The Folks of Glen Ellen
Empty honey jar
One glance at Keats’s “To Autumn” poem had me mourning my empty honey jar. Keats claims this is the season of “the later flowers for the bees, until they think warm days will never cease …” So seeking fresh honey last week we wandered up to Oak Hill Farm. Sweetie and I have discovered over the years that Serge and Cheryl Labesque’s late summer honey is the best. By far. Produced from hives that Serge keeps at Ann Teller’s Oak Hill, the honey is Glen Ellen sweet, rich, viscous – and just what Keats imagined.
Not the land of milk and honey
Alas, the clerk at the Oak Hill farm store informed us they were out of honey. Labesque’s last jar sold earlier that day. Apparently Keats’s autumn of “o’er brimmed cells,” isn’t evident here in our village. But the lack of honey at Oak Hill didn’t stop me. Remembering, more or less, where the Labesques live (after years of their son Remy Labesque being in the same Cub Scout troop as our son) we headed to their house, hoping to buy honey directly from the producers. Somewhat poor of memory we had a short visit first with the Labesque's neighbor, Edmond Joseph. But finally, further alas and alack: no honey available even at the Labesque’s home.
Worker bees keep their cut
As Cheryl, wife to beekeeper Serge, and pretty knowledgeable about bees on her own, simply said, honey was in short supply this year. Serge always makes sure not to take too much honey, leaving the bees their fare share to live and prosper. Put that way, I agree, the bees deserve it more than I.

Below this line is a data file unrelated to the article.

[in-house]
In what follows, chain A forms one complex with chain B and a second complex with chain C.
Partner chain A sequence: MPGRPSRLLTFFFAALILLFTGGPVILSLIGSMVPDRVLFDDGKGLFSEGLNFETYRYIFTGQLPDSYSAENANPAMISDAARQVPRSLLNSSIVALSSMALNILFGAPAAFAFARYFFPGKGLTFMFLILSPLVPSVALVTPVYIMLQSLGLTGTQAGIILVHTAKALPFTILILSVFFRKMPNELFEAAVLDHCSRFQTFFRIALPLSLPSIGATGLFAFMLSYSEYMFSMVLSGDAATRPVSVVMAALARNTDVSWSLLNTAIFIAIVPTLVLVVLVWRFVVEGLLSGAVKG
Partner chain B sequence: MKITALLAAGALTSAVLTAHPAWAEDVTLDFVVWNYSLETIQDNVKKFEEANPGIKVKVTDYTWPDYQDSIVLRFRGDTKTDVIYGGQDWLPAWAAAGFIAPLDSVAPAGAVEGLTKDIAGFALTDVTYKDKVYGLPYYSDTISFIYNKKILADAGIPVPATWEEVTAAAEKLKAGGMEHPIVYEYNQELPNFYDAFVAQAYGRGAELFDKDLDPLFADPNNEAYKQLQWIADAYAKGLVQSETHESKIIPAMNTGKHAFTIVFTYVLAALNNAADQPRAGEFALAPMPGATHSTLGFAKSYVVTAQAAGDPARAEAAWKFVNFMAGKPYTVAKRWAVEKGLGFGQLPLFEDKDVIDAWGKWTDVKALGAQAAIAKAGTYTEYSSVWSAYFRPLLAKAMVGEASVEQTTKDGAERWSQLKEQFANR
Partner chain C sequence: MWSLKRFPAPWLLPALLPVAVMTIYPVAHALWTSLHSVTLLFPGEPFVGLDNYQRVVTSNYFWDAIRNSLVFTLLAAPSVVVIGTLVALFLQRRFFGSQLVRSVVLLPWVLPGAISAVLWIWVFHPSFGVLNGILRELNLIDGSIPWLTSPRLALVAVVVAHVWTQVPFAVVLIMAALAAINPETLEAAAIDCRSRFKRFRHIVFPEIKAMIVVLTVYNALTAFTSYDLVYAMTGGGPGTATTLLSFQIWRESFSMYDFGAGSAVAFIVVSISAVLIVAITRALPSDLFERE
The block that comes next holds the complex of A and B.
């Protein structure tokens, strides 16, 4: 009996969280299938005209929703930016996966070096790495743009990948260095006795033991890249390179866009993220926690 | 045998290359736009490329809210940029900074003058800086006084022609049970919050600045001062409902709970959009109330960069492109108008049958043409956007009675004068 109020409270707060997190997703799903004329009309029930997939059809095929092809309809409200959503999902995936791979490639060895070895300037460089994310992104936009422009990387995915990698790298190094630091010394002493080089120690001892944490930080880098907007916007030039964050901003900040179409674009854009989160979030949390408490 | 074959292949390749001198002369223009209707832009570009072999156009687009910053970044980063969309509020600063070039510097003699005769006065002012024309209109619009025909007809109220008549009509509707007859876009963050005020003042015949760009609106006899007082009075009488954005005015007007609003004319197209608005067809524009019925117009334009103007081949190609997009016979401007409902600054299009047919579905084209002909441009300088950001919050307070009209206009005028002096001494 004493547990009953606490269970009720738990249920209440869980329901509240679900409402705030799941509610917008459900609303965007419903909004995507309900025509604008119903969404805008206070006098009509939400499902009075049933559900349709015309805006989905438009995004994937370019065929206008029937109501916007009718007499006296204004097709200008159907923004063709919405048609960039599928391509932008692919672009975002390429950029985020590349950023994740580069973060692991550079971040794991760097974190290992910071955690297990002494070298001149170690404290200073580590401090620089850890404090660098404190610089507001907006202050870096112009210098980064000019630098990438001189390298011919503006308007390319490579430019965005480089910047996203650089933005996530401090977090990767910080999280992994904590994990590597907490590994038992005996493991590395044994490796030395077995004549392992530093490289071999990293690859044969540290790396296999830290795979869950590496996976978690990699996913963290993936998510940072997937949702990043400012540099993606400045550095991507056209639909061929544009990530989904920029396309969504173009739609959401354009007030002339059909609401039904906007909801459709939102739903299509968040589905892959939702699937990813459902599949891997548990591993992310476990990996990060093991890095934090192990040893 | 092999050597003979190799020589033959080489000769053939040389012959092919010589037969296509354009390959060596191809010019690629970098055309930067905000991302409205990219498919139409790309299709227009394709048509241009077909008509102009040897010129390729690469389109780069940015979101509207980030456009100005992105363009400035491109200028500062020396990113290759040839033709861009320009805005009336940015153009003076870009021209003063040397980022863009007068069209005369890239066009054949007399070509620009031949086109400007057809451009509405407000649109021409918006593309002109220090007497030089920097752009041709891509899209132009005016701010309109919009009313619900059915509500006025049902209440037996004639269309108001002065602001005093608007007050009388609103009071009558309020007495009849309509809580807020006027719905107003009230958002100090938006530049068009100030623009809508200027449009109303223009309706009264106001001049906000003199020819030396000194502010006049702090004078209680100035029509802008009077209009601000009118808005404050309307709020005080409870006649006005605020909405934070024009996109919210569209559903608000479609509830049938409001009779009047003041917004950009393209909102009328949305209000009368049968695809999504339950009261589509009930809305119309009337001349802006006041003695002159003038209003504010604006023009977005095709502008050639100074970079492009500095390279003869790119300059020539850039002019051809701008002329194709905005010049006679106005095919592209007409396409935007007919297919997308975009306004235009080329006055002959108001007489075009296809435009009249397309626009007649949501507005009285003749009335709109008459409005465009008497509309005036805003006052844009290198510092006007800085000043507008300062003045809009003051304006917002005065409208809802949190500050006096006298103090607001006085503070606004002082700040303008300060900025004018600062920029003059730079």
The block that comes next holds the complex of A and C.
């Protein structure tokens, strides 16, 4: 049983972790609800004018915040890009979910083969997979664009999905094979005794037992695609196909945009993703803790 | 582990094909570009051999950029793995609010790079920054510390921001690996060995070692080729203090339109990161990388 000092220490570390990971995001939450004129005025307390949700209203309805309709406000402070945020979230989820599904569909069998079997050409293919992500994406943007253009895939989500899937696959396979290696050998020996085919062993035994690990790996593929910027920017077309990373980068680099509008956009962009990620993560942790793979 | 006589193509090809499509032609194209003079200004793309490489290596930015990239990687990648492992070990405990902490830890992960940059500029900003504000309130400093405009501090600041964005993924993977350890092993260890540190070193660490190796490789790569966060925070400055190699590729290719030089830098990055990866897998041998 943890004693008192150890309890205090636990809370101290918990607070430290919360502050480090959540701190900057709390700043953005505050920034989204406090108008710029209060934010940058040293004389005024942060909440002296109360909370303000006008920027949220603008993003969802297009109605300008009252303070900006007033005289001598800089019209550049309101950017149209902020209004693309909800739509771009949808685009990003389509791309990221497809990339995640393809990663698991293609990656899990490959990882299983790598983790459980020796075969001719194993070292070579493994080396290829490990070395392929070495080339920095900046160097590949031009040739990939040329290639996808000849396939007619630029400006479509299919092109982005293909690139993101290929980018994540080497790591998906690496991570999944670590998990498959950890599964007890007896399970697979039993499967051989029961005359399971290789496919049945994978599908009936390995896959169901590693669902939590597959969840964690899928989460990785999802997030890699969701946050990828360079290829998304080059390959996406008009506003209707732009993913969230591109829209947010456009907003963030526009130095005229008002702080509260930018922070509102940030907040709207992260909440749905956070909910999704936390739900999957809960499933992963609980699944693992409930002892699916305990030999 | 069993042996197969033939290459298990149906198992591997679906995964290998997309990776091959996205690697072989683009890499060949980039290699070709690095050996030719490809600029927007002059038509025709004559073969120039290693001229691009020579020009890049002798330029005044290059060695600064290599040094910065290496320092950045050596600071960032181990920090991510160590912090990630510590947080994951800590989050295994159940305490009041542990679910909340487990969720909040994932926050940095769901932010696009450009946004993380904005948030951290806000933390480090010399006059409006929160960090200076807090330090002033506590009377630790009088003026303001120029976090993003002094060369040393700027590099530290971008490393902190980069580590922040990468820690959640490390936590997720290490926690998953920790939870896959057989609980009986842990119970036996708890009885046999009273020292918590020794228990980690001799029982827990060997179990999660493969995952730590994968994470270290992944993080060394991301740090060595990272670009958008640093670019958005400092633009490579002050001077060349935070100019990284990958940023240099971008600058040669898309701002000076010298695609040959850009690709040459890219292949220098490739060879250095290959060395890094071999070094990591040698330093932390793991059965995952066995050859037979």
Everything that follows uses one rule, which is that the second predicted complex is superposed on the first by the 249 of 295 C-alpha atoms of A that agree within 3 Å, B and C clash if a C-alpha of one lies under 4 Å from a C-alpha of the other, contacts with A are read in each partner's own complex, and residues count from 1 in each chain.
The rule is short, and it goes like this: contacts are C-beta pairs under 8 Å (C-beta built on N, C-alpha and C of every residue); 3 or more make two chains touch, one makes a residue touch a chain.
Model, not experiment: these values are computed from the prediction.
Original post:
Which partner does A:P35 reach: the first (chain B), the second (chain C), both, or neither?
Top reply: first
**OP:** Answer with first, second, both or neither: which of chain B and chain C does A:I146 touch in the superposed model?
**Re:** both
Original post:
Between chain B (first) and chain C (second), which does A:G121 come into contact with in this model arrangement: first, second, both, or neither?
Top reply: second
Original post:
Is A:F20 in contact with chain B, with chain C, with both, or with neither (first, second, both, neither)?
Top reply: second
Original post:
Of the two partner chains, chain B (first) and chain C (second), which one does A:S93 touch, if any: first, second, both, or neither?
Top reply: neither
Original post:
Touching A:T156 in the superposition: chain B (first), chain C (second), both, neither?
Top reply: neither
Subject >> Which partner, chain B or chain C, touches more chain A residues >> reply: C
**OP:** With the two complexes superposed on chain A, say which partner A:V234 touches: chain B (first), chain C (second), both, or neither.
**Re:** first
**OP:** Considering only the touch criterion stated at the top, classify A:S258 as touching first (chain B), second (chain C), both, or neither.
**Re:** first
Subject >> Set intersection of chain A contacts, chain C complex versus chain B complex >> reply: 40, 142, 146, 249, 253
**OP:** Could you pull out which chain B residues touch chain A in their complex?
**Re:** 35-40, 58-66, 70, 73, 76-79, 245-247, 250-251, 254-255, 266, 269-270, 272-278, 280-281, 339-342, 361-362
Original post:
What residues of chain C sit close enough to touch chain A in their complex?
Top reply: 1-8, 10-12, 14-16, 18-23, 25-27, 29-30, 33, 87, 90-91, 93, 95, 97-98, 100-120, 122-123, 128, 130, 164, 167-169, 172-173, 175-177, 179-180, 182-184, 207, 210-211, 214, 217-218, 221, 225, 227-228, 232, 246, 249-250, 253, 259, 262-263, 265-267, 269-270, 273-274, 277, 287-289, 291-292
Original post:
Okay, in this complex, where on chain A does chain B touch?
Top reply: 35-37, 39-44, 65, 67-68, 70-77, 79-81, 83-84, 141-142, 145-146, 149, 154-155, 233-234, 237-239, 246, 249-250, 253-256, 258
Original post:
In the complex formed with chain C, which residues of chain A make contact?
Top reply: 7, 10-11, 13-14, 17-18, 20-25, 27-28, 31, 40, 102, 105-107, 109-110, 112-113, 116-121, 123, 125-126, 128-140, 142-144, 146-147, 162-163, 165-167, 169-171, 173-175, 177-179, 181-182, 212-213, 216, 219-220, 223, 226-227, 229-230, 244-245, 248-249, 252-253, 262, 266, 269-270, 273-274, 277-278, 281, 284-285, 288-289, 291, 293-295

Cheryl made no dire cries of colony collapse disease, but simply urged me to wait in delightful anticipation for more honey, later in the year.
Meanwhile, sitting in the summer sun of the Labesque’s porch, Sweetie and I got a brief chance to talk to Labesque’s second son, Julian Labesque. He is completing studies to become a 3D animator and modeler specializing in game production. He’s the second artist in the family. Older brother Remy (the young scout mentioned earlier, now an adult and product designer living and working in San Francisco) is the artist responsible for the Carquinez and Arnold Drive corner mural on the Talisman tasting room. Remy’s whimsical map of downtown Glen Ellen is a tourist’s delight. I’ve seen many a visitor stand mid-street capturing that sign on camera. But we denizens of the village appreciate it, too. In fact, we'd love to see more murals gracing our village.
Scouts hike New Mexico
Speaking of Cubs and Boy Scouts, they make the news again today, as they did so often in the past. Long ago, boys in the local troop were easily available column fodder. Current members of Scout Troop 63, led by Brian Kemp, with plenty of help from his sweetie, Dawn, and other adults in the troop, are active in exploring and helping our environment.
The scouts from Troop 63 recently attended their annual Philmont Scout Ranch backpacking trip in Cimarron, N.M. That little trek entails 83-miles of back-country trails up to 12,000-feet with a 50-pound pack. Actually, as Collin Kemp, a neighbor and scout, informs me, Baldy Mountain is 12,443 feet and he tackled it twice. Little wonder that their leader Brian is also an Iraq veteran who can cajole the boys up and down mountains, over hard and rocky trails and has them loving the experience. That’s leadership.